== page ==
There are several policies and guidelines to observe including safety and emission rules, which may pose a challenge in operations. Furthermore, reaching the dealers of parts, establishing a novel channel of distributors, and introducing the products to clients is always a challenge.
In the case of the mining industry, inputs are limited through natural supply coupled with hectic process of getting government license as well as machinery.
The higher the level of entry barriers, the higher influence the existing companies have in the industry (Wheelen and Hunger 111).
Threat of Substitute Products
According to Wheelen and Hunger, customers always have the liberty to choose to take an alternative product or service in case it exists (112).
One of the goods and services that face the highest degree of the threat of distribution is the washing detergent. Several brands of washing detergents are always packed on shelves for customers to select their choice brand.
The customers are always likely to choose what they perceive as unique. Another telling example is the shopping malls. A consumer that does not like the services of Wallmatt can decide to go to Carrefour.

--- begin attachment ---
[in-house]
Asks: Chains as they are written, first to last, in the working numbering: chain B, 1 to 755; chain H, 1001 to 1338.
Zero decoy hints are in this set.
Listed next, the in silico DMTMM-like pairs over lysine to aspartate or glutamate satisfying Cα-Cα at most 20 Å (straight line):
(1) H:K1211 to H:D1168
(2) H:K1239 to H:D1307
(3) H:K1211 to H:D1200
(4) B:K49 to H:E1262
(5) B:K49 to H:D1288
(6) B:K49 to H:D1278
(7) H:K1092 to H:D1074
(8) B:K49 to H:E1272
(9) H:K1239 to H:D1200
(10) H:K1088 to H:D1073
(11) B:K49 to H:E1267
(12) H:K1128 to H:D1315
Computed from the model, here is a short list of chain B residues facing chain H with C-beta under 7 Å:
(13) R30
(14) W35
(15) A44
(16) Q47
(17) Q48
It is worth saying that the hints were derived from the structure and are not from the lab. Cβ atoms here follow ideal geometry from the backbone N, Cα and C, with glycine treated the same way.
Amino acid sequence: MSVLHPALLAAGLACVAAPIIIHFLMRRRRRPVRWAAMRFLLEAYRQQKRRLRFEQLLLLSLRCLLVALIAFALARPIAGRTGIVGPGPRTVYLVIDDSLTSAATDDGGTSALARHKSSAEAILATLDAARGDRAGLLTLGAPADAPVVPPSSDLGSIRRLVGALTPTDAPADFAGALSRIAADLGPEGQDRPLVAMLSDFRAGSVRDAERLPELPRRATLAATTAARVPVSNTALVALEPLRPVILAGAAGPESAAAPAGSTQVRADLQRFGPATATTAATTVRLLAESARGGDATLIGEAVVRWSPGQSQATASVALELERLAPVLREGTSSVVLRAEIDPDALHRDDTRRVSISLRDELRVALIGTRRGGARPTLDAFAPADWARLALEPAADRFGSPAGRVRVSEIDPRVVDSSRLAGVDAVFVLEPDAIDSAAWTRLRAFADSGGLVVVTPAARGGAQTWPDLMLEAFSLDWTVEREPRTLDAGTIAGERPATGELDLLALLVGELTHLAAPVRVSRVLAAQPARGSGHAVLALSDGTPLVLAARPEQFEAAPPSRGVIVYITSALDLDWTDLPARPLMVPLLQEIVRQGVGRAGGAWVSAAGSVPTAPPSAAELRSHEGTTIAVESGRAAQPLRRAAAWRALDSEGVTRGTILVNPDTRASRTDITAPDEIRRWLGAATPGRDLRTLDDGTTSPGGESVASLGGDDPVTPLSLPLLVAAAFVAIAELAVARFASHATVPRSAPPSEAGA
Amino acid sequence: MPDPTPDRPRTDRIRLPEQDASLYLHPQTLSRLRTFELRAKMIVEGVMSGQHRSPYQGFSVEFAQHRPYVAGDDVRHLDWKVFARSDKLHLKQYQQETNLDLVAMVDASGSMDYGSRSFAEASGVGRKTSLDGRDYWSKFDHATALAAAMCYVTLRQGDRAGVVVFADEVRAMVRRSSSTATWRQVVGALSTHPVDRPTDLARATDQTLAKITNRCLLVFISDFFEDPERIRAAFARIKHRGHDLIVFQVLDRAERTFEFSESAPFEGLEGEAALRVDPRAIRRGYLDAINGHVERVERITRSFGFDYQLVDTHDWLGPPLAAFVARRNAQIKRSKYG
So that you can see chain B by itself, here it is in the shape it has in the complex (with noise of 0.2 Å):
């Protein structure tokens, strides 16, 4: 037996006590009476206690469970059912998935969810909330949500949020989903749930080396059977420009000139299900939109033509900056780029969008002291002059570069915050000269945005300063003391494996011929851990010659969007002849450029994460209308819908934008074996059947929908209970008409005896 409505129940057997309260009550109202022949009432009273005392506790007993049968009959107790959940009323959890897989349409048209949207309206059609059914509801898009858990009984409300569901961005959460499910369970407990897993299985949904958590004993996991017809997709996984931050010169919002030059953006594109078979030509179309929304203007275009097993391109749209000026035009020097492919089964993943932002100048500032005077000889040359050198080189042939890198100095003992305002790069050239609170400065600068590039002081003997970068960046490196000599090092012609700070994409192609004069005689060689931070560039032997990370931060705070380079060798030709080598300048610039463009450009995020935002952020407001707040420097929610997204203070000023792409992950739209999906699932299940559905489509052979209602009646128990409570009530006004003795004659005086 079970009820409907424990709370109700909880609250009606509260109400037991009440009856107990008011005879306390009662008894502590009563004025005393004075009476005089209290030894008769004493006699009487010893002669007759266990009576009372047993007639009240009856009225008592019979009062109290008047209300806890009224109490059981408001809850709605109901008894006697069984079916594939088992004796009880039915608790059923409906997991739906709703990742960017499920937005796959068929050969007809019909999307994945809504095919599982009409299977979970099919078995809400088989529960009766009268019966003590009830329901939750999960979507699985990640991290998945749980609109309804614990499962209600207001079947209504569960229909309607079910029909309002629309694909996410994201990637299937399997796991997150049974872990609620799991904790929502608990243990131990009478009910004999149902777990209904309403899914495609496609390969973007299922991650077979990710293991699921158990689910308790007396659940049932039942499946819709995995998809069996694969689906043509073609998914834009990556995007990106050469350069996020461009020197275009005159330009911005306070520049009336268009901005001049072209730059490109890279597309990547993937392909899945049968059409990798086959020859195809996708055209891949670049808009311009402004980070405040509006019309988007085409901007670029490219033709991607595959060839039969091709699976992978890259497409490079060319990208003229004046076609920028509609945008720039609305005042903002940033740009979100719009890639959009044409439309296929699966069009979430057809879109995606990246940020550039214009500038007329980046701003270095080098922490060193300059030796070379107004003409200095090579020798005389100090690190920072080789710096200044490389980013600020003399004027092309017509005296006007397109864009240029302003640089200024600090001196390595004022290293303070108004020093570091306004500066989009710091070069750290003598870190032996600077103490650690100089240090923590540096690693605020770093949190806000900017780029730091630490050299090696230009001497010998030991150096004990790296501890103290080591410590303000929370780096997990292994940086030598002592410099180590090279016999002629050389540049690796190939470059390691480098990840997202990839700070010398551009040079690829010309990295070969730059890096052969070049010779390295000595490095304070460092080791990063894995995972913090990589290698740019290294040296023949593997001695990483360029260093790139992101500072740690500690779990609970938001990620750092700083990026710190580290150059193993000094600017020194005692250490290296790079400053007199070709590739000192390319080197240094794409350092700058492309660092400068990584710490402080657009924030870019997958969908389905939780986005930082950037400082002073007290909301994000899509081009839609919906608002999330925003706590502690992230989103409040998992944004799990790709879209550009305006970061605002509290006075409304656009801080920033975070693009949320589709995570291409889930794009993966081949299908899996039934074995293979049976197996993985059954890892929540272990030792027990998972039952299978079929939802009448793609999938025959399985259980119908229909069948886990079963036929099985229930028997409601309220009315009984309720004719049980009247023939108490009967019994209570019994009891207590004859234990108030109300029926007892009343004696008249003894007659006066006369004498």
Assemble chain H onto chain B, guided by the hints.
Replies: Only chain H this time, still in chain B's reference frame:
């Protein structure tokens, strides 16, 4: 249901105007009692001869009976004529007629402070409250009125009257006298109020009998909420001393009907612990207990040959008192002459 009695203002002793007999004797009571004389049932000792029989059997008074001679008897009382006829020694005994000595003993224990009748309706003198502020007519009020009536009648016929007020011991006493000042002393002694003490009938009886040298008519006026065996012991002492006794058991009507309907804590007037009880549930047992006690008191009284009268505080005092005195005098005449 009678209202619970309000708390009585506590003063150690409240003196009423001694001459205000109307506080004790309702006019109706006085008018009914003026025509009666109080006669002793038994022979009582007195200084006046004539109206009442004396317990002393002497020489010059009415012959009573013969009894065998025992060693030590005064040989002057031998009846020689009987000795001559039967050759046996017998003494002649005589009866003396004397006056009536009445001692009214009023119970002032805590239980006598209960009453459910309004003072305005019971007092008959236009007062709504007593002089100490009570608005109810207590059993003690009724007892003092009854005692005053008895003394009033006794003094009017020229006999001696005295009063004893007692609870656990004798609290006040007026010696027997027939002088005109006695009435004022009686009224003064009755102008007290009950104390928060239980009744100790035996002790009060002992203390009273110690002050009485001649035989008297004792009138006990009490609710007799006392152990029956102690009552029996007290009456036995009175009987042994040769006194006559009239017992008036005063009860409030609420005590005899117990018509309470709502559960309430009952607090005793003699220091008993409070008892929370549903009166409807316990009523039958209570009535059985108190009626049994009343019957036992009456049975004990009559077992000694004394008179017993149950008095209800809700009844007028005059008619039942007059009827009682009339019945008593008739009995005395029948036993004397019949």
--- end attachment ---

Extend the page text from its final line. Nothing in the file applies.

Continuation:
However, industries such as oil and medicine industry face minimal threat of substitution. Although researchers are searching for alternative methods of energy, consumption of gasoline cannot be replaced easily.
Porter asserts that substitutes restrict the extent a company can make profits in an industry as they try to balance with the prices of the substitute products of their competitors.
Bargaining Power of Suppliers
Bargaining power refers to the ability to control the setting of prices. Suppliers are able to govern the pricing of goods and services in an industry. Sometimes suppliers improve their bargaining power through the application of various factors (Wheelen and Hunger 113).
The suppliers may decide to control the supply industry by forming cartels or hoarding their products and services. The best example of an industry that has suppliers with strong bargaining power is the PC industry, which its chief operating system supplier is Microsoft.
However, the food processing industry has suppliers with flimsy bargaining power as food-processing companies can purchase raw material from agricultural produce suppliers that are spread throughout the globe.
Competition among Existing Firms
Most industries are structured in a way that the firms within it rely on each other. Porter notes that, a number of factors influence competition among the existing companies (Wheelen and Hunger 112). In industries where the number of rivals is few, firms can monitor the strategies of other competitors so that they operate in unison.